Spencer adds, “Being a student-athlete at Heidelberg, it was great to know that we were able to bring credibility to Heidelberg off the field in a competition that features some of the top institutions in the state. … I knew that with Professor Miller mentoring our team as well as having two other smart guys in Ryan and David, we would be able to represent Heidelberg in a positive manner.”
And they totally did.
Dedicated, detailed preparation
The competition featured undergraduate and graduate-level accounting, finance and information systems majors from universities across Ohio, competing to present solutions for a case study involving ethics in accounting. Scott explains that the students were provided with case materials on Jan. 1, which they were to review and discuss only with their teammates and advisor. This year’s case gave students an in-depth look into the emerging issues surrounding Environmental, Social and Governance (ESG) accounting and reporting.
The team – who volunteered to participate in the competition – met weekly to discuss the case and in the off time, they conducted extensive research on the topic. Their task was to prepare a five-page written response to the critical issues identified in the case and then record a 15-minute presentation that highlighted their recommendations. Their paper and presentation were judged by Cleveland State professors and Cleveland-area audit practitioners.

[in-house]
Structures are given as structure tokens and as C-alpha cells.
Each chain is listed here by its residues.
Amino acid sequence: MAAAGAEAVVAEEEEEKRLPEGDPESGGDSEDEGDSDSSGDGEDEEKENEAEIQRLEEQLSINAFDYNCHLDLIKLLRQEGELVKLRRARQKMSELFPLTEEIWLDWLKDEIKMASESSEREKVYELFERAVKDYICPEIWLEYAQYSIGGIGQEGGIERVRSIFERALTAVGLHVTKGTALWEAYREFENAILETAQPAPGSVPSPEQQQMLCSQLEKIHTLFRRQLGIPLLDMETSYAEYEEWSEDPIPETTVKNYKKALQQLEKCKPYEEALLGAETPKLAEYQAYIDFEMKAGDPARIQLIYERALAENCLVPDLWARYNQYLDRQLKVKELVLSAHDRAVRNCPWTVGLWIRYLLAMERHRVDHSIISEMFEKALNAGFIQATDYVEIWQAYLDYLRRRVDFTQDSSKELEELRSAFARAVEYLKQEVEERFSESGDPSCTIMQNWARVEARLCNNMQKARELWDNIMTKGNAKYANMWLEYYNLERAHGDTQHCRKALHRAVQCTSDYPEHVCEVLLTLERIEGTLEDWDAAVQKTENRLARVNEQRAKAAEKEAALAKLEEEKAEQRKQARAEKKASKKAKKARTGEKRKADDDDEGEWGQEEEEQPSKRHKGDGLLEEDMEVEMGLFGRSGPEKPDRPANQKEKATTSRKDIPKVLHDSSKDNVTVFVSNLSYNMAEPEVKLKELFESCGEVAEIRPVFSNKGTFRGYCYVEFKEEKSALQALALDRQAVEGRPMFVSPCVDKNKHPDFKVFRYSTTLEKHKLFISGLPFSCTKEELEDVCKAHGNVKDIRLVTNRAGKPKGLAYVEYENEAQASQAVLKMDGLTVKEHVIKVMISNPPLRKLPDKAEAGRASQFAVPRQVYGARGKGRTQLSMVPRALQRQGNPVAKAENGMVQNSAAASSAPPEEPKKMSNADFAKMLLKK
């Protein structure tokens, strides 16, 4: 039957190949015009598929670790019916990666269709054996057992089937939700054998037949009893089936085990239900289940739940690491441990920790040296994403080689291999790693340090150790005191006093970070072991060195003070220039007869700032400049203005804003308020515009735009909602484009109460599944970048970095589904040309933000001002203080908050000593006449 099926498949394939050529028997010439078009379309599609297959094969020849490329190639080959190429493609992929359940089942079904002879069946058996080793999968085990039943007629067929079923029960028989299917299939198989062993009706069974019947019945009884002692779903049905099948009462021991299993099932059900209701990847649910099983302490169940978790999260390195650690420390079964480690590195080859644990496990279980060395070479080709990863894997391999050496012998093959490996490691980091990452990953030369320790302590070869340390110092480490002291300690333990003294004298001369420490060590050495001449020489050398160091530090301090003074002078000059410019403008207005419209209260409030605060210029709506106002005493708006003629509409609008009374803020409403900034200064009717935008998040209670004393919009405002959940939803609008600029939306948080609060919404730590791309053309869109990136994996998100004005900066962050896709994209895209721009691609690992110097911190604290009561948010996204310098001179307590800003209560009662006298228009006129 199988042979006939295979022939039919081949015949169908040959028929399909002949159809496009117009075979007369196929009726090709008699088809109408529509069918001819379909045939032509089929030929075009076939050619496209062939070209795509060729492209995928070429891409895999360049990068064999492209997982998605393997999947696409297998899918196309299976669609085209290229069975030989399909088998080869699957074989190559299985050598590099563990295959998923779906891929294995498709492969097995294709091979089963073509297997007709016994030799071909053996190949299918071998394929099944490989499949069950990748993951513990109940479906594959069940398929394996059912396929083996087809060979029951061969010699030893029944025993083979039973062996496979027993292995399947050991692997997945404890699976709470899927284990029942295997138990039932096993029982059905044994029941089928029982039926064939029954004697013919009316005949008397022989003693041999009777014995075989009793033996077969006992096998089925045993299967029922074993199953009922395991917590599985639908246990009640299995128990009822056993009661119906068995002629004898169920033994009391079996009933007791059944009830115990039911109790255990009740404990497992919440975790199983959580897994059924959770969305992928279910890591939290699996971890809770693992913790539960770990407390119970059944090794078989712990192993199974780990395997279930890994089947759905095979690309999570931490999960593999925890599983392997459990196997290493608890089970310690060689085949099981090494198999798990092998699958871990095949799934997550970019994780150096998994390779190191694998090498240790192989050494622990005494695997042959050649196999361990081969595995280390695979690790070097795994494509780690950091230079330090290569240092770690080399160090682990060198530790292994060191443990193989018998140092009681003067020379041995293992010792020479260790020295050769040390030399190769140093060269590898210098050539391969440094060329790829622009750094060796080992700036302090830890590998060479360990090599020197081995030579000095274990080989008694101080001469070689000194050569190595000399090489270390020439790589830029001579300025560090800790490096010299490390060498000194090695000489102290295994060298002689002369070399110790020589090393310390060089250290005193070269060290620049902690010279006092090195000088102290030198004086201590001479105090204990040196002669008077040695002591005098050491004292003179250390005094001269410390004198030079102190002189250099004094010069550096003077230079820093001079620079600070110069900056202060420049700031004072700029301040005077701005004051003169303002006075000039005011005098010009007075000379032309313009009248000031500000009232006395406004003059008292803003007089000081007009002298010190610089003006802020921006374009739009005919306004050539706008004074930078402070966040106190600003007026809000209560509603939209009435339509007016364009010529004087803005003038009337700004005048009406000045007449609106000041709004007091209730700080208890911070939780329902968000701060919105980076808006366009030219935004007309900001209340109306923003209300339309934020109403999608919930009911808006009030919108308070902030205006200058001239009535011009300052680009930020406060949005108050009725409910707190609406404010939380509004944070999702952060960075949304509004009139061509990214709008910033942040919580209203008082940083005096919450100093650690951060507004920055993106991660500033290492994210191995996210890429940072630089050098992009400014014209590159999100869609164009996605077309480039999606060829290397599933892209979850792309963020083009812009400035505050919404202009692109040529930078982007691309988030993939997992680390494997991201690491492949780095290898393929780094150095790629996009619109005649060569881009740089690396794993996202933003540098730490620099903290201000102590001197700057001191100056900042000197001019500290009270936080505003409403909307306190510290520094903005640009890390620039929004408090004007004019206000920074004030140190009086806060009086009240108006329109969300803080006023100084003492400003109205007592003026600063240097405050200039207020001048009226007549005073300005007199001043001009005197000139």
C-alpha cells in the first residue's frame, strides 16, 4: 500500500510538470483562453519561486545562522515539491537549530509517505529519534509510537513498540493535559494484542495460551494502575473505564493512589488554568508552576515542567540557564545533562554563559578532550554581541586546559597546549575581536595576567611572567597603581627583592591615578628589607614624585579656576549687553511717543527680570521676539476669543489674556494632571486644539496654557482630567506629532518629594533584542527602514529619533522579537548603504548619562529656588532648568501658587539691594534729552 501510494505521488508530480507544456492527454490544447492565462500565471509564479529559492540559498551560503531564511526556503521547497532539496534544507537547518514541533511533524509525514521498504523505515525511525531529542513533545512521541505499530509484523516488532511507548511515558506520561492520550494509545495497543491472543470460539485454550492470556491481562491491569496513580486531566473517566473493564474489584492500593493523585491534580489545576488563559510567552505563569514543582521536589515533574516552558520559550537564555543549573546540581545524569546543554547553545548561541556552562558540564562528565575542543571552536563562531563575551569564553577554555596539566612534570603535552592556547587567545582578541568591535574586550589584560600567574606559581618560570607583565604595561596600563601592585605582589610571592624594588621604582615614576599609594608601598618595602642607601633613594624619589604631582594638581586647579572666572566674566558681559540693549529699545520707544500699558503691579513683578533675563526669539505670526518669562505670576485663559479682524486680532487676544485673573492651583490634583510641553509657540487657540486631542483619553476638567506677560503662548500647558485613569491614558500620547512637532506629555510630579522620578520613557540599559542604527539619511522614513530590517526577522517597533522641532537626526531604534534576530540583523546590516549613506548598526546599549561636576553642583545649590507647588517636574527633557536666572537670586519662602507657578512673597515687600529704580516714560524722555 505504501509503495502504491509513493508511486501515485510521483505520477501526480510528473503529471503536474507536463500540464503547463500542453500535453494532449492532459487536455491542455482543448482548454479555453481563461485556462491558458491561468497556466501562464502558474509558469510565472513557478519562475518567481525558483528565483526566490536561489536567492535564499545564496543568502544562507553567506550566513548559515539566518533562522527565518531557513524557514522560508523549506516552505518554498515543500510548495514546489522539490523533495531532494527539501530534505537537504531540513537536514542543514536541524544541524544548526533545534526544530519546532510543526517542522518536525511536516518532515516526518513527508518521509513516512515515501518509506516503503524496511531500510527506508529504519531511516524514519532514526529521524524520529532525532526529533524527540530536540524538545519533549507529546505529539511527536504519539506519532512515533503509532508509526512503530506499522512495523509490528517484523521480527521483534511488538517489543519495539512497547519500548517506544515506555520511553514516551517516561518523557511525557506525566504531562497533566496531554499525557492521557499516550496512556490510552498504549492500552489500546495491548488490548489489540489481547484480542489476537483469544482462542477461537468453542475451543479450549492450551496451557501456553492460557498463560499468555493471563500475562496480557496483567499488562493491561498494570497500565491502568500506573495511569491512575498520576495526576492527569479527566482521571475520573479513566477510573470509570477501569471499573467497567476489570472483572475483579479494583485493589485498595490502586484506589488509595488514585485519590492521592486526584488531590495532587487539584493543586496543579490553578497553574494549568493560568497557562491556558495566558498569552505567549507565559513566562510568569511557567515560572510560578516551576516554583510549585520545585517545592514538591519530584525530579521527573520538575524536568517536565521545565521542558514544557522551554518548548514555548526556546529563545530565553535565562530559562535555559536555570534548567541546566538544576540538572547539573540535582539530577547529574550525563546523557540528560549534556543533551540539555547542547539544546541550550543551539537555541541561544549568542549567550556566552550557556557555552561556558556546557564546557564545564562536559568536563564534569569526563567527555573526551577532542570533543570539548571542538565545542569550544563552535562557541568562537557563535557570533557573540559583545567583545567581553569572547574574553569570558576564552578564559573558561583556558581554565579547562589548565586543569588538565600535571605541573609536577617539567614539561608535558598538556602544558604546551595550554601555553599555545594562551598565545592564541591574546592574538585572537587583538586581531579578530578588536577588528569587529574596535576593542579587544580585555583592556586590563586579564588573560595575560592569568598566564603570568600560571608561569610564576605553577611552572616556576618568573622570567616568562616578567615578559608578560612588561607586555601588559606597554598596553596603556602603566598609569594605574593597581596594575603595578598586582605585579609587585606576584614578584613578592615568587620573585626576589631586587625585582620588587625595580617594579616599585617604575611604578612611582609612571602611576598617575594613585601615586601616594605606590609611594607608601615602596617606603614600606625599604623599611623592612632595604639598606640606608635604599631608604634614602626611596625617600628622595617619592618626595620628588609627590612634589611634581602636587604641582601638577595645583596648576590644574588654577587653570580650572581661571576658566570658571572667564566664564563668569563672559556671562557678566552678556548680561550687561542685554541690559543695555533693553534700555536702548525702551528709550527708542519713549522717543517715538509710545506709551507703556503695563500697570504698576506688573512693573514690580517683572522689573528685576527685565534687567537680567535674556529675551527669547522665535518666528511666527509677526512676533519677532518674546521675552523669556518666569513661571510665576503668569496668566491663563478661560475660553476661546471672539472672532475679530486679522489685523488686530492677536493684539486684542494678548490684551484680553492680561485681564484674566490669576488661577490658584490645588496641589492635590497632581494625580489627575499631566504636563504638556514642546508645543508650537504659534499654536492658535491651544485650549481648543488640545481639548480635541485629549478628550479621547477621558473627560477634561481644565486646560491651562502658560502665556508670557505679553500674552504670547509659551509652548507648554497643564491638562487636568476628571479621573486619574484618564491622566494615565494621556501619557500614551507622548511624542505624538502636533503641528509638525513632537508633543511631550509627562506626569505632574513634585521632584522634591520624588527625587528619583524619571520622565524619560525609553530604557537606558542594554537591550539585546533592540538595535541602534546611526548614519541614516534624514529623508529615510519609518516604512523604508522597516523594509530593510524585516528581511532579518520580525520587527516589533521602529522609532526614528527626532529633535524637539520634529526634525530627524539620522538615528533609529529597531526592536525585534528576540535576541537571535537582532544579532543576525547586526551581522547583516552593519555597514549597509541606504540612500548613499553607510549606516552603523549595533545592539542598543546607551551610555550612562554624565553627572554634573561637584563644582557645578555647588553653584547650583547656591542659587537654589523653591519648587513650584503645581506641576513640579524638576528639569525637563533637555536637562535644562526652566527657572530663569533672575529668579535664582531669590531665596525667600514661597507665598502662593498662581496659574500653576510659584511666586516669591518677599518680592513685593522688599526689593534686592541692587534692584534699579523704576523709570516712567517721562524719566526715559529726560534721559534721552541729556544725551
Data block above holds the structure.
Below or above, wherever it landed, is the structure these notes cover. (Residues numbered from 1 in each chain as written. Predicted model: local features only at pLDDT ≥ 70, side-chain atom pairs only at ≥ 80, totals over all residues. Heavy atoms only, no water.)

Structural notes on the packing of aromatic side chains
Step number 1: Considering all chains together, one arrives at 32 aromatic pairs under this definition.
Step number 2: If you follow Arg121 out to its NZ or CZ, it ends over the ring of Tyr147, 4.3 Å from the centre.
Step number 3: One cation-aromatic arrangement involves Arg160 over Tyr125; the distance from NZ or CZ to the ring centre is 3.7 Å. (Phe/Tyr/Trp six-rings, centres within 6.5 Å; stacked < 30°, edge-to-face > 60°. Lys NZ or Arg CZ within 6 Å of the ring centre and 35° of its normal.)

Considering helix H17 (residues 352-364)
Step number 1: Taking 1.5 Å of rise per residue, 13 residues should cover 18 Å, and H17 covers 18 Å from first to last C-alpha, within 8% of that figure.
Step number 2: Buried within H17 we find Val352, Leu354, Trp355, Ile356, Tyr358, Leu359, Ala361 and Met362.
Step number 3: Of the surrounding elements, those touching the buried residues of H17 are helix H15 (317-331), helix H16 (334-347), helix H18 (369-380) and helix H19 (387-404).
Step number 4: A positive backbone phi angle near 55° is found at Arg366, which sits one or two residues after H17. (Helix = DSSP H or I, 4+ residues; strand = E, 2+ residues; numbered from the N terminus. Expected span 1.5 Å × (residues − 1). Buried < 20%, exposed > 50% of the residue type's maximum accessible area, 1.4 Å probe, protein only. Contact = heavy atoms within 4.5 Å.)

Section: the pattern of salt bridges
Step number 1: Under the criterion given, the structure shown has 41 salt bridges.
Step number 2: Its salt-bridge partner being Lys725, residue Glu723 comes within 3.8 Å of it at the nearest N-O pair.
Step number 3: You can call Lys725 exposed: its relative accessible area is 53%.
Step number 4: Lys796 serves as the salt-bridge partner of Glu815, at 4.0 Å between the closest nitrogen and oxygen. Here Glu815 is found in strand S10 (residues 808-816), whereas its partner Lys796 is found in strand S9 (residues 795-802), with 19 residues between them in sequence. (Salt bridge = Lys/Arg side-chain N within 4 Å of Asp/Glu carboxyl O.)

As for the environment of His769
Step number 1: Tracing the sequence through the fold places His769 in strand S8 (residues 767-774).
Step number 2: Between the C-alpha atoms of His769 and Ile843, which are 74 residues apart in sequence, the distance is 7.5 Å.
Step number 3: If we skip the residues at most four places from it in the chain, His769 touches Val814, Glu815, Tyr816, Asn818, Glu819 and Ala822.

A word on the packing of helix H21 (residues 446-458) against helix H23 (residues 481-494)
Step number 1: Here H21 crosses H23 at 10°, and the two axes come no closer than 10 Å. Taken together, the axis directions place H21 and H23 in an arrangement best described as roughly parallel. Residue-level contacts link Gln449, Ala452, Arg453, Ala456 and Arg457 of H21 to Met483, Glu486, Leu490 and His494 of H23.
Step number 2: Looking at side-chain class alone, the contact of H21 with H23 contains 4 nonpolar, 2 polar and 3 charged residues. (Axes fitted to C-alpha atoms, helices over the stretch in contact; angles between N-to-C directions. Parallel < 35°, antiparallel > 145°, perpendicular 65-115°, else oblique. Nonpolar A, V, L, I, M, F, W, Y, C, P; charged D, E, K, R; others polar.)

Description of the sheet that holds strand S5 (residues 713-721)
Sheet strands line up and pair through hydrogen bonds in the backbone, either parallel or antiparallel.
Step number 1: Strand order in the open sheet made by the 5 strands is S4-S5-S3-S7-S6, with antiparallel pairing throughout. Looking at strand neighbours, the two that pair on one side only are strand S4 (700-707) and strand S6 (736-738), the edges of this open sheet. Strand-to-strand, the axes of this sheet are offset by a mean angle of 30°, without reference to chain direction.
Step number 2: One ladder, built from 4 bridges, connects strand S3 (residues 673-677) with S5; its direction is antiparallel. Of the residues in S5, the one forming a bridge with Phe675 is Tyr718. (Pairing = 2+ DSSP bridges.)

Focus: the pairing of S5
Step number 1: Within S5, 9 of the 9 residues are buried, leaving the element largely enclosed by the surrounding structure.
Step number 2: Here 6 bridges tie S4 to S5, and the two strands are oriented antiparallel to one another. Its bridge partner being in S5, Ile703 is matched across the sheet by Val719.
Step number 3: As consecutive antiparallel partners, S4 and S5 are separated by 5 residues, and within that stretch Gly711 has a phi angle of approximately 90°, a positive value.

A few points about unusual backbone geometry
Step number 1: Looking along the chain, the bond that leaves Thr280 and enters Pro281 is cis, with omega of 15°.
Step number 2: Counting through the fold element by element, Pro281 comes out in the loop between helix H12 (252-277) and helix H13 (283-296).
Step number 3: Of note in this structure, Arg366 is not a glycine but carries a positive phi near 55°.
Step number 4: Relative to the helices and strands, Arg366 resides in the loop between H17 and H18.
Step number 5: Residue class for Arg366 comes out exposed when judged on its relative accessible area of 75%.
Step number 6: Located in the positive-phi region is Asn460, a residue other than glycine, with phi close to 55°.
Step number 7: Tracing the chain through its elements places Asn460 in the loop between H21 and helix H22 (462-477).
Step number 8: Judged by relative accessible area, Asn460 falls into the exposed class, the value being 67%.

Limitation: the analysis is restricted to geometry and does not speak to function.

At the beginning of their preparation, the team had no idea what the assigned topic would be. “So we were more or less going in blind,” Ryan says. But they didn’t stay that way for long. The team divided up assignments around the ESG topic and dove into the research – and the in-depth learning that came with it. It was a great opportunity to apply what they had learned in class to an important accounting concept and to hone their critical-thinking and problem-solving skills.
They quickly learned that ESG is already being reported on by most companies in some capacity, and is starting to become a main factor in how some investors make their decisions, Spencer explains.